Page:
Androgen Insufficiency May Lead to Vulvar Vestibulitis and Genital Pain

Yael Waknine

October 26, 2004

Oct. 26, 2004 — Androgen insufficiency may result in diminished structure and function of the vestibular glands, including decreased androgen receptor expression, leading to vestibular adenitis and dyspareunia, according to the results of a preliminary study presented last week at the 11th World Congress of the International Society for Sexual and Impotence Research in Buenos Aires, Argentina.

"Vestibulitis is a very common cause of genital pain among women, and there's a subgroup of women [in whom] it's probably related to the use of hormonal birth control pills or hormonal manipulation," Ricardo Munarriz, MD, assistant professor of urology at Boston University School of Medicine in Massachusetts, told Medscape. "That small group of women responds to androgen replacement therapy."

Of 3,000 women with female sexual dysfunction (FSD) evaluated by Dr. Munarriz and colleagues, 13% had dyspareunia, 66% had physical findings of vulvar vestibulitis syndrome (VVS), and 83% had concomitant androgen deficiency.

To evaluate the possibility of a link between androgen deficiency and vestibulitis, the investigators compared vestibular gland tissue excised from patients with VVS (n = 22; mean age, 36 years; 32 sections) with vestibular tissues excised from female cadavers having had no history of vestibulitis (control subjects, n = 5; 9 sections). Patients with VVS had significant dyspareunia as evaluated using the pain domain of the Female Sexual Function Index (mean score, 0.9 ± 0.06; maximal score = 5).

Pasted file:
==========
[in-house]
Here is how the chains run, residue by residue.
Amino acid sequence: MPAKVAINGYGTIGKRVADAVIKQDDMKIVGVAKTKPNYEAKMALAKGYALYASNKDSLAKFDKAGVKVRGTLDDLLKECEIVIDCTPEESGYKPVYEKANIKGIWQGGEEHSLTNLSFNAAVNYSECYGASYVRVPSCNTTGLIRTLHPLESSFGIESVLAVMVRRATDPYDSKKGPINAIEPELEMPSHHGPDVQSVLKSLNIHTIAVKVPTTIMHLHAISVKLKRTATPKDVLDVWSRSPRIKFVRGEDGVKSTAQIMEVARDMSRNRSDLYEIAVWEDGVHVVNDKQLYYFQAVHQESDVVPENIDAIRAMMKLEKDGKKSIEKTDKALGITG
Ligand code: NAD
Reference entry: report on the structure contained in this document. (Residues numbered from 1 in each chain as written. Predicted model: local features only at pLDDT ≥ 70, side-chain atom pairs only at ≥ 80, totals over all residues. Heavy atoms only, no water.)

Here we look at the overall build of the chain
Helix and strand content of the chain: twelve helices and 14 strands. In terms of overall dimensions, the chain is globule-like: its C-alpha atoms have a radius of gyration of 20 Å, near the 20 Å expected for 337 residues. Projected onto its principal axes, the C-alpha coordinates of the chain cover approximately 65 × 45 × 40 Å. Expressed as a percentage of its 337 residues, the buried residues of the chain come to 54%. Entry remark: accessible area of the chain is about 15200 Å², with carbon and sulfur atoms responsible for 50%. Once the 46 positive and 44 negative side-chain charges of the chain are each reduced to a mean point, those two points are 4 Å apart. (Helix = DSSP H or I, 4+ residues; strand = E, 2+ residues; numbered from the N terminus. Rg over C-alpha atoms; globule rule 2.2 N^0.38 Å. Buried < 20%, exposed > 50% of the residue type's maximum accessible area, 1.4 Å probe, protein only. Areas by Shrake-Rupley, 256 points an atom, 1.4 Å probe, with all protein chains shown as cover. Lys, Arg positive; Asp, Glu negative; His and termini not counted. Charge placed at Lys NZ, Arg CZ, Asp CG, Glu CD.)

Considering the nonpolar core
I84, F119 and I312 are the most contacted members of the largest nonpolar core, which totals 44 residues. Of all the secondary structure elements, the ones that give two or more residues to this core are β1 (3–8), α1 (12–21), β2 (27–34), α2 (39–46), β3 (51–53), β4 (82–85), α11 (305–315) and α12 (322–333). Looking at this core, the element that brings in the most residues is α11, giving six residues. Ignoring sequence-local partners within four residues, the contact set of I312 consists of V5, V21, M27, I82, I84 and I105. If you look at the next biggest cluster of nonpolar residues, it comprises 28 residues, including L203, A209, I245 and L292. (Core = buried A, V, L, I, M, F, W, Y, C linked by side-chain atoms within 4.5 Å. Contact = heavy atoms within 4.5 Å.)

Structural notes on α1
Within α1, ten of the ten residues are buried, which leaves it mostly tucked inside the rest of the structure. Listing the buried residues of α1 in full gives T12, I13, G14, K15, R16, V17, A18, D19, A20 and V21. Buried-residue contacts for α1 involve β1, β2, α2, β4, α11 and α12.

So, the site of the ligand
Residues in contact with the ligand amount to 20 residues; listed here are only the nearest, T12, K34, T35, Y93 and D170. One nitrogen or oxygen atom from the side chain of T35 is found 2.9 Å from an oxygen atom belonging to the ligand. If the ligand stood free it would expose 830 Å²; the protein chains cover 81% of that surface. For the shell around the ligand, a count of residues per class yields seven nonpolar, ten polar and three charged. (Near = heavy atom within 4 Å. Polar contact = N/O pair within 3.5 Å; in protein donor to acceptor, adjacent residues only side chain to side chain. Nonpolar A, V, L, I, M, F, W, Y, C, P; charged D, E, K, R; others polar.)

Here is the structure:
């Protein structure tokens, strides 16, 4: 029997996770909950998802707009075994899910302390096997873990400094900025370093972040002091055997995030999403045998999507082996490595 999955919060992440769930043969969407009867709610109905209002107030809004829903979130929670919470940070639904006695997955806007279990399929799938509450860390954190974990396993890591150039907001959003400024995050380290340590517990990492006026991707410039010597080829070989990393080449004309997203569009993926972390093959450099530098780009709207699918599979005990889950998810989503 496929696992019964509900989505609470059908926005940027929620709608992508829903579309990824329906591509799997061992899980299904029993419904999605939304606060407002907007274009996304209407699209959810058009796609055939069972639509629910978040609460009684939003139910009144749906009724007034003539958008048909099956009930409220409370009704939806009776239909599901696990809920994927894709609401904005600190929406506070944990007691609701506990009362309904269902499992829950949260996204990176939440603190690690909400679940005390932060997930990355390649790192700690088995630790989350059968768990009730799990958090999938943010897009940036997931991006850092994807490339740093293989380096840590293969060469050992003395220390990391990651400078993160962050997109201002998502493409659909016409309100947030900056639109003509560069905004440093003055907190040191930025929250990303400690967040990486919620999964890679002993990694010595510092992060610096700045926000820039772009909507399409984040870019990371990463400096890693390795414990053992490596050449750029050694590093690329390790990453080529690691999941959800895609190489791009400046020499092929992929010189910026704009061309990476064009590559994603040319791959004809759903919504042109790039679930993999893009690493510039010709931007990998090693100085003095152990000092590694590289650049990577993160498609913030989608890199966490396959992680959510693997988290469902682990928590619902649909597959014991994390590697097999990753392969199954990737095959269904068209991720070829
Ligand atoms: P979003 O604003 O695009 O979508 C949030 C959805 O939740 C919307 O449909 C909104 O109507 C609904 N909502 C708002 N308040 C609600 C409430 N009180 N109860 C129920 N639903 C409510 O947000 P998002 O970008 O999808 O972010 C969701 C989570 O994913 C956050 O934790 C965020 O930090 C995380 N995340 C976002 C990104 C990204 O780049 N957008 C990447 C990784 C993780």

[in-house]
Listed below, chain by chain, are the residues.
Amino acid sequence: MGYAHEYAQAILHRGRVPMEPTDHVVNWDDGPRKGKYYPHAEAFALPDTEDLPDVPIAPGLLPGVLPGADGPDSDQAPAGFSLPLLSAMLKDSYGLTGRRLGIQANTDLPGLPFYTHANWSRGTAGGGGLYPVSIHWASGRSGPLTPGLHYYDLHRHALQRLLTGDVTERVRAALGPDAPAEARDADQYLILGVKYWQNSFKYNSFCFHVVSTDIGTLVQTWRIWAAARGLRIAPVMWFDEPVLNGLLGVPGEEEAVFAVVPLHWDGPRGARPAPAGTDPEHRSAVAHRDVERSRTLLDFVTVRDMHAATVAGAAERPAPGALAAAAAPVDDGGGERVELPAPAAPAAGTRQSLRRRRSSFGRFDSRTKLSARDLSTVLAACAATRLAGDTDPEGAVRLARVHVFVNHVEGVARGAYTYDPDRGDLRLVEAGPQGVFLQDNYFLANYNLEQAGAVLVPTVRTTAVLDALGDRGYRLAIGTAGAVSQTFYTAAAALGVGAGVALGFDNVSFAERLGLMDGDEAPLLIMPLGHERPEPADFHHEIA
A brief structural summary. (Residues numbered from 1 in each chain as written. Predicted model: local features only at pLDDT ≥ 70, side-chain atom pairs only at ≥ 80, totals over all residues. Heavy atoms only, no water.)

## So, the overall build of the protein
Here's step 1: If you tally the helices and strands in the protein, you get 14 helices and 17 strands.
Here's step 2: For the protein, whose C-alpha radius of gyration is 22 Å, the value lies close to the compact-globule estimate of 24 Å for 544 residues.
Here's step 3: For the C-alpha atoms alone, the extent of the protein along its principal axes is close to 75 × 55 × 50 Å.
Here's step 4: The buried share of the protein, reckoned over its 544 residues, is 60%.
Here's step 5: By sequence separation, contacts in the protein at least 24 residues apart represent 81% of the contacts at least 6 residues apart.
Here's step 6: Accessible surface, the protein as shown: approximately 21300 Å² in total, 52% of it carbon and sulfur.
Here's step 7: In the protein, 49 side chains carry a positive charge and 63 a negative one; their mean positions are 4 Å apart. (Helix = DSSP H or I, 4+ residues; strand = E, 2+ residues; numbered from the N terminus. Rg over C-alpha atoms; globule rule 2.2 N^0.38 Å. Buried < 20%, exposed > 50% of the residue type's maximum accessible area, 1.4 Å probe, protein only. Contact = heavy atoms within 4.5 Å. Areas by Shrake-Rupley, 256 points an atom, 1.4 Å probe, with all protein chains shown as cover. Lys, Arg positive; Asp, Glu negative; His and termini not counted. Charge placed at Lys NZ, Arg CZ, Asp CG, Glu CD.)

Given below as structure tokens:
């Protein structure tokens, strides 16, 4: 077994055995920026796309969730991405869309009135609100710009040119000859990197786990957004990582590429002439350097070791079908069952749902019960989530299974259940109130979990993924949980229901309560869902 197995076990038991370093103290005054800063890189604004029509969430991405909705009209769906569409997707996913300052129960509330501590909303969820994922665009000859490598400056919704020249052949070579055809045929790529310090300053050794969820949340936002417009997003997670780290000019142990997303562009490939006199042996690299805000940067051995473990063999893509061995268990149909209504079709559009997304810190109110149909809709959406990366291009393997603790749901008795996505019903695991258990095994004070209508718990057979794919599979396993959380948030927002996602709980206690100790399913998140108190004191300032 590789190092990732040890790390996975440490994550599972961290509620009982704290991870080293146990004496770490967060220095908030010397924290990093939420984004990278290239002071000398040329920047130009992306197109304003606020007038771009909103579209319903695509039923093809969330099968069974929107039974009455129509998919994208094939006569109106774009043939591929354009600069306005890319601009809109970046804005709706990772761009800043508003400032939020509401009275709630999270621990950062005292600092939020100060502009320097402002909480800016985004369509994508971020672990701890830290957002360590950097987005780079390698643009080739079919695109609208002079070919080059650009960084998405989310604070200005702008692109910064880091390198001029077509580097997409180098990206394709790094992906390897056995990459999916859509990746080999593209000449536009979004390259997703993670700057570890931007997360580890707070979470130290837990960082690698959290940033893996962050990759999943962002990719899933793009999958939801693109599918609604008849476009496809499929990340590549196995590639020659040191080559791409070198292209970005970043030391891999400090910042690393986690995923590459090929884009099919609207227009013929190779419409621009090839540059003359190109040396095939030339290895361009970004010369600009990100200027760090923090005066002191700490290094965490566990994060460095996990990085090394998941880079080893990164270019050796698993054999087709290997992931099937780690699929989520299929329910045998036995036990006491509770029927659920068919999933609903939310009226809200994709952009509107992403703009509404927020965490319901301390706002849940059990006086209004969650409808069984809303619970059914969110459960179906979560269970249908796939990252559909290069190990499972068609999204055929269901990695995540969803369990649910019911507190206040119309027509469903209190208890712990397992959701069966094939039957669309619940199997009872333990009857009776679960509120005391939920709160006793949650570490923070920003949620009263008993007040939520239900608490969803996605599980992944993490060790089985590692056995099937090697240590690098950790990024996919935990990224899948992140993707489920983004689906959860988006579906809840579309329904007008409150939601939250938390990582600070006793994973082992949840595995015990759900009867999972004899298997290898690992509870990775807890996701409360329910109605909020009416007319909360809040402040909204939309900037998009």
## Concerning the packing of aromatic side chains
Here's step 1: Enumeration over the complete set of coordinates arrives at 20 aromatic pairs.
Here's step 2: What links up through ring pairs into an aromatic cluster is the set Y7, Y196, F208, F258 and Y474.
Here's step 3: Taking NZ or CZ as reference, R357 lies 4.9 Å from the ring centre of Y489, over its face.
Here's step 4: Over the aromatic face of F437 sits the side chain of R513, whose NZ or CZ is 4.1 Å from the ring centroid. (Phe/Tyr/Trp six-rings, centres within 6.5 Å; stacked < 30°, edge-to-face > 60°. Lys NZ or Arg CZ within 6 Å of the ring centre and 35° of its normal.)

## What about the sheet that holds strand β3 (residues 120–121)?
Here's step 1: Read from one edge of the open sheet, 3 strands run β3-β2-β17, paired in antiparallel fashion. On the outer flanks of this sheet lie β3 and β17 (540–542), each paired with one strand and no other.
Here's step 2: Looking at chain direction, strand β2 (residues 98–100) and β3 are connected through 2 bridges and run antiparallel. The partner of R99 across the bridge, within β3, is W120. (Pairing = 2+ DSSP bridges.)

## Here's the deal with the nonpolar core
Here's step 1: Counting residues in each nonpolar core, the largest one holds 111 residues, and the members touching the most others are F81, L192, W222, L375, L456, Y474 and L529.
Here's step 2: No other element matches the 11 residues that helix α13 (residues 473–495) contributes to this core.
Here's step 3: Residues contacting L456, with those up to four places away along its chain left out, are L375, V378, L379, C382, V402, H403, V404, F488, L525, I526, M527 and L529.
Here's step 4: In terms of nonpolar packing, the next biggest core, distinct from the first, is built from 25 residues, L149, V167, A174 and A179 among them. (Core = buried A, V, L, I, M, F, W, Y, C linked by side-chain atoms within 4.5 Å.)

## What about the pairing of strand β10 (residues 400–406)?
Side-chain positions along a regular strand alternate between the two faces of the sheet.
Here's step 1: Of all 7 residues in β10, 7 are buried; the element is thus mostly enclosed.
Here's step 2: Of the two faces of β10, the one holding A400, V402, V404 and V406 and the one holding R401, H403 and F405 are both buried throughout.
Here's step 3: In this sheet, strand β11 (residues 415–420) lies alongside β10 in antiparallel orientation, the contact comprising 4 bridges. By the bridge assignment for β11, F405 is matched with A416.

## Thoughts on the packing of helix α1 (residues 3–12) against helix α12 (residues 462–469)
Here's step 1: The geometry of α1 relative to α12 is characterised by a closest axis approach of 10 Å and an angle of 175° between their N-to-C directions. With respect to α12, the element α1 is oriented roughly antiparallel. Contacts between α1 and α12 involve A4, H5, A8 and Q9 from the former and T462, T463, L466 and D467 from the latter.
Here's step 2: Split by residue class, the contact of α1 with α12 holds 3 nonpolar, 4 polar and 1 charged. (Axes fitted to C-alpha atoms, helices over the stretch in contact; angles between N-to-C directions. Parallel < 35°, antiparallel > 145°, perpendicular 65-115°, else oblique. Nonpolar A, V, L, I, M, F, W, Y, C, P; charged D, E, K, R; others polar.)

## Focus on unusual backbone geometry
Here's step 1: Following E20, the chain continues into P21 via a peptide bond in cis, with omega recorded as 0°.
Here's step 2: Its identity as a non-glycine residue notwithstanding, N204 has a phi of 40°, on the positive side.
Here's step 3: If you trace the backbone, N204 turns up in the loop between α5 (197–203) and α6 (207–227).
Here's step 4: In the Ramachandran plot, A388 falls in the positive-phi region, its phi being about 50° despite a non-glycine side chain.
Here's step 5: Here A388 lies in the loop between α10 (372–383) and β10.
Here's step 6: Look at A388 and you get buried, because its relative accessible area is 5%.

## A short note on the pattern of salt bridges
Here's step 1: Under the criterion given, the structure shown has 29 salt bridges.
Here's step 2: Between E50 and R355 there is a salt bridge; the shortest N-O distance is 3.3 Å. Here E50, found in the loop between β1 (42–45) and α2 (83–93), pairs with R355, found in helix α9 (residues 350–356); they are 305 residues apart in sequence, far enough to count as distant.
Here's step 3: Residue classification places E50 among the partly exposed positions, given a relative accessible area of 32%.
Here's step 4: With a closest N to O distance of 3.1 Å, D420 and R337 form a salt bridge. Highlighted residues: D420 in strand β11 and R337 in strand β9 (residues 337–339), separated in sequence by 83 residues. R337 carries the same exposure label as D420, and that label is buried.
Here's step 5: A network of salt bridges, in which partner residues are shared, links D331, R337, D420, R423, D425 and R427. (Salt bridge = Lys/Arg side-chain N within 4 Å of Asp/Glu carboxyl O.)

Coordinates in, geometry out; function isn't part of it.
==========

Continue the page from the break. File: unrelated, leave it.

Hematoxylin-eosin staining showed significant inflammation ( P = .00009) and squamous metaplasia in the vestibular specimens of patients with VVS compared with control subjects.

Immunohistochemical staining with antibody anti-estrogen, progesterone, and anti-androgen showed significant decreases in androgen ( P = .014) and progesterone ( P = .00042) receptor expression in vestibular tissue of patients with VVS compared with controls.

"What we found is that the specimens from women who had vestibulitis had significant inflammation, squamous metaplasia, and were completely depleted of androgen receptors — while the controls had no inflammation, and normal staining for androgens," noted Dr. Munarriz. "This makes us believe that there is a link between genital pain due to vestibulitis and androgens.

"We believe that there's a subgroup of women, particularly young women, who as a consequence of being on the birth control pill have very low androgen or testosterone levels," said Dr. Munarriz, noting that these women also tend to have a higher incidence of genital pain. "This may be one of the pathophysiologic mechanisms [explaining] why women on the pill get pain — because they lose their ability to express androgen receptors in the genital tissue," he said.

"On the basis of this premise, it may be that in this subgroup of women genital pain can be effectively treated with hormones," concluded Dr. Munarriz, adding that future studies may evaluate the benefits of testosterone therapy in this population.

The investigators report no pertinent financial conflicts of interest.

ISSIR 11th World Congress: Abstract O74. Presented Oct. 20, 2004.

Reviewed by Gary D. Vogin, MD


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